Nicaragua has one of the most aggressive renewable energy goals in the world — it intends to have 94% of its electricity come from renewable energy by 2017. The spark for this new energy push was an energy crisis due to a heavy reliance on foreign oil. Reducing this over-reliance from 70% to 6% could be made possible by renewable energy infrastructure development.
While these goals may seem unachievable in a poor country with technological challenges, there are only about six million people living there, and a single, very large hydroelectric plant could go a long way toward providing clean energy. The Tumarin project will cost about $1.1 billion and has a 253-megawatt capacity. It should be completed by 2016 and could provide about 50% of the country’s electricity.
The Amayo I and II wind farms are producing about 63 megawatts, and a 72 MW geothermal project — the San Jacinto-Tizate — could become operational by 2014. Bagasse already supplies a small percentage of their total power, and solar is also an option.
The switch from fossil fuels to renewables could move Nicaragua from one of the most oil-dependent nations to one of the least in a very short time. “You must recall that this is taking place in the second-poorest country in Latin America and amid the worst financial, economic social and increasingly political crisis of world capitalism since the Great Depression of the 1930s,” said Nicaraguan presidential advisor Paul Oquist.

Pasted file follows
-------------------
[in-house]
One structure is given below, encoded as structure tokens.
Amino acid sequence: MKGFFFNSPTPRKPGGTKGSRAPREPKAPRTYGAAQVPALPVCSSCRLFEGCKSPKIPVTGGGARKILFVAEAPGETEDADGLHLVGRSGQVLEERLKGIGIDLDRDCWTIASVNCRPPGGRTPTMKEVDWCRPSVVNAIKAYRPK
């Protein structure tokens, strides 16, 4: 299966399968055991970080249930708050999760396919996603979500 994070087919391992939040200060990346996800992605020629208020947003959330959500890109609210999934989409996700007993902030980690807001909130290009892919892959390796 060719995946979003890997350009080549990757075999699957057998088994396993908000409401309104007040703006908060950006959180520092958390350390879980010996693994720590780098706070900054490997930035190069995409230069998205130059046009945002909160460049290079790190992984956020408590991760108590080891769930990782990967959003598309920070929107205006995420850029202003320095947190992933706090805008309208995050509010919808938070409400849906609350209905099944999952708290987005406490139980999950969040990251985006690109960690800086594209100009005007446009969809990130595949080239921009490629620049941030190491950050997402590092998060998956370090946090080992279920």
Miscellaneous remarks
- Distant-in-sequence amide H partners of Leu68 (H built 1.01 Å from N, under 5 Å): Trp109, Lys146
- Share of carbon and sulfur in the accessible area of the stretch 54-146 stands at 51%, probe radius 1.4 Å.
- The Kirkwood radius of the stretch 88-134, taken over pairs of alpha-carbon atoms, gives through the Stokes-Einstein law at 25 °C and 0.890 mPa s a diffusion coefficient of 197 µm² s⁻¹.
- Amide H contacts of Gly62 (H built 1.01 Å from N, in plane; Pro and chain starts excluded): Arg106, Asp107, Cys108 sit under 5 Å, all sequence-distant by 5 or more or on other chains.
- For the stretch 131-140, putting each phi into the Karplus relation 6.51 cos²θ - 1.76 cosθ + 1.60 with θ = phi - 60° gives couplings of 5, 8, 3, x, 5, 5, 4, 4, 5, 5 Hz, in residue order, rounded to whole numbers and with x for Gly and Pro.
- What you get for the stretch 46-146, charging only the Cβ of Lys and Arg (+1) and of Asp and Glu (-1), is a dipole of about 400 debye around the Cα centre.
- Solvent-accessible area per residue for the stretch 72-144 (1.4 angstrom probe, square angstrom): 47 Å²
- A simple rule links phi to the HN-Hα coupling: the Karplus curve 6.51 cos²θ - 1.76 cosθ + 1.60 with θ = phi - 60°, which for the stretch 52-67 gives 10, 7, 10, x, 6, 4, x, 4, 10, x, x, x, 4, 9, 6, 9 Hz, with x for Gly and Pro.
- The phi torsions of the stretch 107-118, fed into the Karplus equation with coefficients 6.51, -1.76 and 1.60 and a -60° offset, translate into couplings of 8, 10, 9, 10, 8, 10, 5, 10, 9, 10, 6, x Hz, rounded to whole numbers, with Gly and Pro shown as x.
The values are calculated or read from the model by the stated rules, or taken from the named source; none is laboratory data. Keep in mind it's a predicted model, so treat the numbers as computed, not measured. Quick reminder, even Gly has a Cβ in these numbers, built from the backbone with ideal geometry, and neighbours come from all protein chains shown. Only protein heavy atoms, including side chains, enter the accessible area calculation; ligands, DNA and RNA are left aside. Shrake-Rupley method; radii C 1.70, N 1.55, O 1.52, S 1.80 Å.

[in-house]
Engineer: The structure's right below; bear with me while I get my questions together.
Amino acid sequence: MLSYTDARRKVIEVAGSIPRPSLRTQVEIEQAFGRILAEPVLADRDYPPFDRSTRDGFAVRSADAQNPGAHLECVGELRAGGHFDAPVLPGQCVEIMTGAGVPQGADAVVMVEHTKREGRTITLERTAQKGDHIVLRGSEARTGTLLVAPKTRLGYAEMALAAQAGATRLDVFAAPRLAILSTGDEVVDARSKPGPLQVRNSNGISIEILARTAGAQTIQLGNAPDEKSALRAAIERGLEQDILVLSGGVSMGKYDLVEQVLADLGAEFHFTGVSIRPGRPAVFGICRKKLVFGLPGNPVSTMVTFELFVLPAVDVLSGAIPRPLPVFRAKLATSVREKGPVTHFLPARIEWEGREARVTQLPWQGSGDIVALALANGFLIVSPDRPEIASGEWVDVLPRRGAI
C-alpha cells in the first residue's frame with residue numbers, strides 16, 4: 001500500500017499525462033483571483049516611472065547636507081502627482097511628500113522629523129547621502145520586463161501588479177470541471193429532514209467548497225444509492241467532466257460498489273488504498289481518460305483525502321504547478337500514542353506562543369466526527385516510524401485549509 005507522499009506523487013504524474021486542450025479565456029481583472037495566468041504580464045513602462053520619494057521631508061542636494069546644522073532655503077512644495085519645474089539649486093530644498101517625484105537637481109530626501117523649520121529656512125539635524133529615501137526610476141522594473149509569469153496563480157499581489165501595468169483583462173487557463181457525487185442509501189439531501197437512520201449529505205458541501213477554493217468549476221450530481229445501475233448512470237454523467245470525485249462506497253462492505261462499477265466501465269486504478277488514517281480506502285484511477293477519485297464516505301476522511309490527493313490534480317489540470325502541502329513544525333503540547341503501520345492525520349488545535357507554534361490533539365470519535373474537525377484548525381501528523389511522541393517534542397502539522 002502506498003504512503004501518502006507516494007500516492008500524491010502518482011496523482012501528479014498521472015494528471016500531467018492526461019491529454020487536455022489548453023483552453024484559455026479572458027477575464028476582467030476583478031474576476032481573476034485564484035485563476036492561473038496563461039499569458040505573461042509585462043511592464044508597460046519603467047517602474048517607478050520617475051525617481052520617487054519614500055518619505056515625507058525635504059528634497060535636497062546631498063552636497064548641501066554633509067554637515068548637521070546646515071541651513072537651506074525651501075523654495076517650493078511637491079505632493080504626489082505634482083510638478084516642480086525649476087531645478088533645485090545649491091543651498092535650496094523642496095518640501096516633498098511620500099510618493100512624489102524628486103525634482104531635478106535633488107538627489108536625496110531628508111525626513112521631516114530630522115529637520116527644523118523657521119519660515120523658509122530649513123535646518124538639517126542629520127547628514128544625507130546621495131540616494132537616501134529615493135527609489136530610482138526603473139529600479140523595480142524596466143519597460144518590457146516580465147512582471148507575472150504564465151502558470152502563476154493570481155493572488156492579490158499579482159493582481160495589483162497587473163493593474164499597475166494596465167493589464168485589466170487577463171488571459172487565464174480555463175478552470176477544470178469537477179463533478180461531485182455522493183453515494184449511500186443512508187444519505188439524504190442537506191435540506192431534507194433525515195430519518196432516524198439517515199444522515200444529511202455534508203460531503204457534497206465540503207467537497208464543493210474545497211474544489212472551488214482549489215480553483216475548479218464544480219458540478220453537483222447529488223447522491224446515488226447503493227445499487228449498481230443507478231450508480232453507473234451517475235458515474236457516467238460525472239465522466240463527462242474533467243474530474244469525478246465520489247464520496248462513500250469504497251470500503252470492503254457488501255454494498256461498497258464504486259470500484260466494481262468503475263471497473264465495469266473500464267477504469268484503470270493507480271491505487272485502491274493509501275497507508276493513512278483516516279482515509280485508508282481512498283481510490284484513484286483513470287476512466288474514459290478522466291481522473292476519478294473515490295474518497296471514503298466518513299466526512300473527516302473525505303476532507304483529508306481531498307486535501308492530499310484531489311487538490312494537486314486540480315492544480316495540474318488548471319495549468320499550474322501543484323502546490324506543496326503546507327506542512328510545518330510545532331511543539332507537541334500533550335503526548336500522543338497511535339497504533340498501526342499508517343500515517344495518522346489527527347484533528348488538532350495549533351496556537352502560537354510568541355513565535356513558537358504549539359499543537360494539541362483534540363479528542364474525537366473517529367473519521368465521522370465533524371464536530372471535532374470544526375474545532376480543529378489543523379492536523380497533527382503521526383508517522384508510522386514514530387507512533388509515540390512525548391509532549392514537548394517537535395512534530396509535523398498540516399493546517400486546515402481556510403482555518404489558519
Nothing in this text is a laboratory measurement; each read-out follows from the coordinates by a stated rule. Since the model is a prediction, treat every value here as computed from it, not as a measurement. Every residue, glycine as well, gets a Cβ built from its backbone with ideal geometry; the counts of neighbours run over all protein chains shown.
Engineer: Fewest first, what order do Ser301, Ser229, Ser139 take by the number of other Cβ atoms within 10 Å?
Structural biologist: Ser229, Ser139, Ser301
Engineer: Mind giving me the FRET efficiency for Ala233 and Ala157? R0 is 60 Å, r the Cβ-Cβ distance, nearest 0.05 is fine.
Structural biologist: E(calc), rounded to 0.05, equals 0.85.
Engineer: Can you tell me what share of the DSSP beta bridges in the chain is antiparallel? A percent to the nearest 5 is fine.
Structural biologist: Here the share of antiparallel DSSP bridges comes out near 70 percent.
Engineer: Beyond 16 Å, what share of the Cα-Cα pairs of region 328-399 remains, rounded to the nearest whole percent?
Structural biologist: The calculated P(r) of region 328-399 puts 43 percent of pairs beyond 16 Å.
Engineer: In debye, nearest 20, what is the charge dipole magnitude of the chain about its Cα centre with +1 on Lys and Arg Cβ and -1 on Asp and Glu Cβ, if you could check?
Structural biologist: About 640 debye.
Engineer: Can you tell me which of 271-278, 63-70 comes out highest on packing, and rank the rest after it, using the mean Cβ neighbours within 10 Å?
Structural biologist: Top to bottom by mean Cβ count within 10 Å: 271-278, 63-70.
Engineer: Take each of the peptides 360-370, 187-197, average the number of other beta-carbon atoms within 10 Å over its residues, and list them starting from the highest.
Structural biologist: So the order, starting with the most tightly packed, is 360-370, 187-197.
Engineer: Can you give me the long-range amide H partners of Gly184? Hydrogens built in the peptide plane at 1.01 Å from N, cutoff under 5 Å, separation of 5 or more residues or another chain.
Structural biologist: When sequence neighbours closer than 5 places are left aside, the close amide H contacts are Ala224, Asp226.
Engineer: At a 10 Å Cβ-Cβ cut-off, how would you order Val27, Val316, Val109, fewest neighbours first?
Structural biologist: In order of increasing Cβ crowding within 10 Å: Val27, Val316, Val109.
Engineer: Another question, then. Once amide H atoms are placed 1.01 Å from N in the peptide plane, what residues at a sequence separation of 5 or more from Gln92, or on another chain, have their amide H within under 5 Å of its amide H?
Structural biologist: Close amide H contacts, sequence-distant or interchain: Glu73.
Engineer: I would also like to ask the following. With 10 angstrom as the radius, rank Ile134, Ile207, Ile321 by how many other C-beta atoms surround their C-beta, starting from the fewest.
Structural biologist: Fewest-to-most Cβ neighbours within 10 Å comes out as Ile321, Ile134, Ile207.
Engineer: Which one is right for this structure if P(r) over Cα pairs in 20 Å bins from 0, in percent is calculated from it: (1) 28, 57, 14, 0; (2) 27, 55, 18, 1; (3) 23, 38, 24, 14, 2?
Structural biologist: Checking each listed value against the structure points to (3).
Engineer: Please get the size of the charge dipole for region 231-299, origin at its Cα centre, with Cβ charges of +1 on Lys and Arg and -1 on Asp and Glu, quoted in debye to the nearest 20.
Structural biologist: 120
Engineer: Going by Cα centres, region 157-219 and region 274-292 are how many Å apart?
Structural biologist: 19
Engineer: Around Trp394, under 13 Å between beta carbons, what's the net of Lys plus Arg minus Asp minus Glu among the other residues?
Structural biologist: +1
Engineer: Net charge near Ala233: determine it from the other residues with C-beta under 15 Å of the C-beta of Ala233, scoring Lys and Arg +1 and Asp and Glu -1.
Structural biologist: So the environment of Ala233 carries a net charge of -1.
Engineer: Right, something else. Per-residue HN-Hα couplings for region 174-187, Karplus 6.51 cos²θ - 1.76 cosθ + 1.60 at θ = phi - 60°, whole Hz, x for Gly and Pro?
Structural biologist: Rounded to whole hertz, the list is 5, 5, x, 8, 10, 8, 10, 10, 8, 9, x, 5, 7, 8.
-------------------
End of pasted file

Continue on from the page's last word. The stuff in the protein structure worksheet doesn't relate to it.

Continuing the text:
Often, because the largest nations are perceived as being more important, news about them gets the most attention, and some of them struggle to make significant changes quickly. As a result, there is too much skepticism — even cynicism — about the viability of renewable energy. Green energy is not just another fad, though. If Nicaragua gets to 94% renewable electricity by 2017, it will become an inarguable example of success, not just environmentally, but also economically — because a significant portion of its GDP will no longer be spent on foreign oil.